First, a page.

"Indeed I am, sir," I said. "I always like to have my pastime there."
"Just be careful," he warned, "Mr. Gorwood is up to his thing as usual. If he orders me to arrest you, I will have to even if I don't want to. I try to act like I'm on his side but I regret it."
"It's not hard to just stand up to him," I said.
"I'm just a coward, that's all," he said glumly.
"You really need to start standing up to people, P.C. Vanie," I criticised. "No one will take you seriously if you let them take you for advantage."
"Indeed you are right, lad. But I always fear of losing my job for the slightest mistake."
What a poor gullible man P.C. Vain was. He was a very kind man. So kind everyone finds it easy to take advantage of him. Mind you, I was not a confident person myself in this story but some special friend changed me.
"Anyway, thanks for the warning," I said. "I'll try to remember."
The forest patch was my favourite spot. The sun shone through trees in a very beautiful way. It looked even more beautiful in the sunset. I always take my bag full of books up there, with some snacks such as Jaffa Cakes, Sant & Vinegar Pringles and a cold, fresh can of Pepsi, and read for hours and hours, enjoying the sun ray. I could have sworn that I once saw rabbit hope to a hedge. I always wanted to look at those types of animals. But a nasty shock had come to me that same afternoon when I had tried talking P.C. Vain into manning up. I was on my wayu to the forest patch to find it was all gone. Trees were sawn down. Branches were blocking my path but I climbed through them. It was no longer a forest but an ugly hill.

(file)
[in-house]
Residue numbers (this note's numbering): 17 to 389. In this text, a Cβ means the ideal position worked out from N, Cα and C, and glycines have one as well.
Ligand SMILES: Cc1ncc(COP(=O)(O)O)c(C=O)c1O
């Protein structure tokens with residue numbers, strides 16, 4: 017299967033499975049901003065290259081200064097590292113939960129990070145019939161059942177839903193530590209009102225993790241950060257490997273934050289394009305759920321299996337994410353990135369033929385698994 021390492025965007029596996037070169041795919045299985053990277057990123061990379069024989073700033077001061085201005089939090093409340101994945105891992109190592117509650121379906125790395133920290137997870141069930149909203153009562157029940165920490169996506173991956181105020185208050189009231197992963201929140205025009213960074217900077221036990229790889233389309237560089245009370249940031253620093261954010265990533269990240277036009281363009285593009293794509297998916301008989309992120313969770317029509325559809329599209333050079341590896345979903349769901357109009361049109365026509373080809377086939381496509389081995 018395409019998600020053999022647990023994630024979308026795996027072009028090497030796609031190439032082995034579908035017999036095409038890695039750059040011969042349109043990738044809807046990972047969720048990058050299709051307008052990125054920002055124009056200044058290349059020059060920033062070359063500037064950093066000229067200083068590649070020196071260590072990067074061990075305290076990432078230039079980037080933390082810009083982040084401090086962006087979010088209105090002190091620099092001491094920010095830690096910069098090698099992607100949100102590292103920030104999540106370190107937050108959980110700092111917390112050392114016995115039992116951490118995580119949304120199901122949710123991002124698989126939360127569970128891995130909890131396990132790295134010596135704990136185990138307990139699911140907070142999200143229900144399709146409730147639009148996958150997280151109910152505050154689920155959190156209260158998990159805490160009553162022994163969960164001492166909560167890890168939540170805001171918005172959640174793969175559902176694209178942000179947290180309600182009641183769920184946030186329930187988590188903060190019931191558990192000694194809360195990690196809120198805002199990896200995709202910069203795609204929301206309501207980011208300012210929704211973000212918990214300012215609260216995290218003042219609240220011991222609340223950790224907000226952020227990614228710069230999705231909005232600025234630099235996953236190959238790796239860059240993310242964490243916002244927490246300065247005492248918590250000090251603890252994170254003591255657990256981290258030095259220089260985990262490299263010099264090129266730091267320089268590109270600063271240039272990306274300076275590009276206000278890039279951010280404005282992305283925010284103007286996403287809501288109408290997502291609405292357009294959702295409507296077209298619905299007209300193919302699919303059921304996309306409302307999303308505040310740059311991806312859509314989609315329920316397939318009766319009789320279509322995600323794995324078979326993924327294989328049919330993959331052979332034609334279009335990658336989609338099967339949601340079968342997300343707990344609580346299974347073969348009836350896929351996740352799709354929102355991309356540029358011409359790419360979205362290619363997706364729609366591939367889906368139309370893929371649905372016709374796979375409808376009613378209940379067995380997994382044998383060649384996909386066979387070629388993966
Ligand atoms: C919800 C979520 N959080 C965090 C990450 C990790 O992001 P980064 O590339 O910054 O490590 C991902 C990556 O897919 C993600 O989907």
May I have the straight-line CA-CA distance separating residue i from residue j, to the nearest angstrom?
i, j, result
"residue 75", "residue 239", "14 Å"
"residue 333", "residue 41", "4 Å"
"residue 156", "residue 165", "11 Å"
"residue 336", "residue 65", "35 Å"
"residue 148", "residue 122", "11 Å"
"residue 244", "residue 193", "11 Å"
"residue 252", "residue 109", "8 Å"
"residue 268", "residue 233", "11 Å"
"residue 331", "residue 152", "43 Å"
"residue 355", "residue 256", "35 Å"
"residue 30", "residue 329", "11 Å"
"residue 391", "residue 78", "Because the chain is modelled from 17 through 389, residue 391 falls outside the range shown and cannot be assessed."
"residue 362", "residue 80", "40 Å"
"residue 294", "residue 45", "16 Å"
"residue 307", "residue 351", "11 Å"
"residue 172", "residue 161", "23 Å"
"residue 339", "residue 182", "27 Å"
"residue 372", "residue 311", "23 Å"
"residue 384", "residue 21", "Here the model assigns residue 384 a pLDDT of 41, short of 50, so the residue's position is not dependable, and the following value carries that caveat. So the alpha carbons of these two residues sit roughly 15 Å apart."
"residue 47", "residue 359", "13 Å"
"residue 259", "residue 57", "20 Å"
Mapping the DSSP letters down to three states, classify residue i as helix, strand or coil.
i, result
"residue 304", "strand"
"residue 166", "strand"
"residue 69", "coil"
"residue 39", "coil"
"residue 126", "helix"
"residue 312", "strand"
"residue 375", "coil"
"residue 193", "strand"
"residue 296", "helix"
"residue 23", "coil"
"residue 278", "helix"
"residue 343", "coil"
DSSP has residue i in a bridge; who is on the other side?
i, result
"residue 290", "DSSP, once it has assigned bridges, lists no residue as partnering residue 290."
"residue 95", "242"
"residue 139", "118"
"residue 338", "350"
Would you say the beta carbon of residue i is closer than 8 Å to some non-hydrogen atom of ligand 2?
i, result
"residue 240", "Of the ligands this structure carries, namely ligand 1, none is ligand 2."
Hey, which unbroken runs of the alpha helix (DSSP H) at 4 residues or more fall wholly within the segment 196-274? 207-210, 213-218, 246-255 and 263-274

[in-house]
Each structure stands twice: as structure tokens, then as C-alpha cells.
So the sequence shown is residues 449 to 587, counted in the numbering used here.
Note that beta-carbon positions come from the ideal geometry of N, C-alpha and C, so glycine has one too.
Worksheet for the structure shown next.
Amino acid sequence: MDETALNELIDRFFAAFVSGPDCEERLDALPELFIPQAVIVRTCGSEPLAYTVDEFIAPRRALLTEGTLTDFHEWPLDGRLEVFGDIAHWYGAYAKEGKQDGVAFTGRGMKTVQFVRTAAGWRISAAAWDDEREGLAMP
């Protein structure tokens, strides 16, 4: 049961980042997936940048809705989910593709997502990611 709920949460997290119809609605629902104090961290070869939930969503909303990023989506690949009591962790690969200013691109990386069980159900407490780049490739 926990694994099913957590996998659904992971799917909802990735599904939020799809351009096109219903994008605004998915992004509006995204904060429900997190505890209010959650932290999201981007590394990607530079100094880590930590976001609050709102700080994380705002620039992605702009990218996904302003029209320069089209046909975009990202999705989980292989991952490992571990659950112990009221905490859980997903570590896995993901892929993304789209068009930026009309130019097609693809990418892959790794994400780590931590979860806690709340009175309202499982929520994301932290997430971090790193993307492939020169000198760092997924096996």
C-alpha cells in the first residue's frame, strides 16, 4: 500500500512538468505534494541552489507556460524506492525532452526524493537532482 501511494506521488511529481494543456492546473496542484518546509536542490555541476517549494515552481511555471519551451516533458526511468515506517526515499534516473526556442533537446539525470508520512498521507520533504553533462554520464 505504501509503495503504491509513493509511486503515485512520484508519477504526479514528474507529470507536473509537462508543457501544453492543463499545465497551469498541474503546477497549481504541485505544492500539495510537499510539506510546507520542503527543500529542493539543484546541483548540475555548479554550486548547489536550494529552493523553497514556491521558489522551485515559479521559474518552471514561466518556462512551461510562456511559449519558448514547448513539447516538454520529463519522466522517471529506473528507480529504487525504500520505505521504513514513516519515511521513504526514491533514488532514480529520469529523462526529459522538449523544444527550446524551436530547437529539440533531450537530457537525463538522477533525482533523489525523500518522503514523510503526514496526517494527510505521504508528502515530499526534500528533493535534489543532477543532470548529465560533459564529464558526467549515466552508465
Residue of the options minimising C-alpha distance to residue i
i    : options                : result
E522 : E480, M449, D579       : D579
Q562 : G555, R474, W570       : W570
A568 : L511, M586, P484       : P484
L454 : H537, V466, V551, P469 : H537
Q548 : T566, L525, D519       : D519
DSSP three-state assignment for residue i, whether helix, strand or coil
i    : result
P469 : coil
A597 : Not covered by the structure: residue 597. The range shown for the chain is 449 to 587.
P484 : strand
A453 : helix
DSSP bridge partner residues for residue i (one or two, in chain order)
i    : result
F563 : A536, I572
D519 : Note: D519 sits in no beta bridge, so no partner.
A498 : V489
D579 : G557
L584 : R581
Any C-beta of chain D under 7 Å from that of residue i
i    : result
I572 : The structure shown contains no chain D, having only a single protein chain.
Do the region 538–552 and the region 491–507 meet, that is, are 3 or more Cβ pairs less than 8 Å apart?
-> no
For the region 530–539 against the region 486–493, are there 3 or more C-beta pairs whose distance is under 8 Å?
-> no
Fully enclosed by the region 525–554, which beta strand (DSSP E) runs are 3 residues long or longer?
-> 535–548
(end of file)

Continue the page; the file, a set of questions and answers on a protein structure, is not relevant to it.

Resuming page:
A man came up to me. He was wearing a long black coat and an inspector's hat. He had a very ugly face, all hairy with blood-shot eyes. His moustache was in a tangle and he wore a patch over his eye, probably to hide a gruesome scar. Mr. Gorwood. I am not exaggerating when I tell the readers of this story that he was the meanest man ever to grace South Wales. He had whoever got on the wrong side of him arrested or putting kids into troubled kid schools by right order.
"You are trespassing!" he shouted in my face.
I was a tall boy myself, but he was bigger than anyone. I felt afraid looking at him. It was like looking into the eyes of a nightmare you want to run away from but trapped in trying to do so.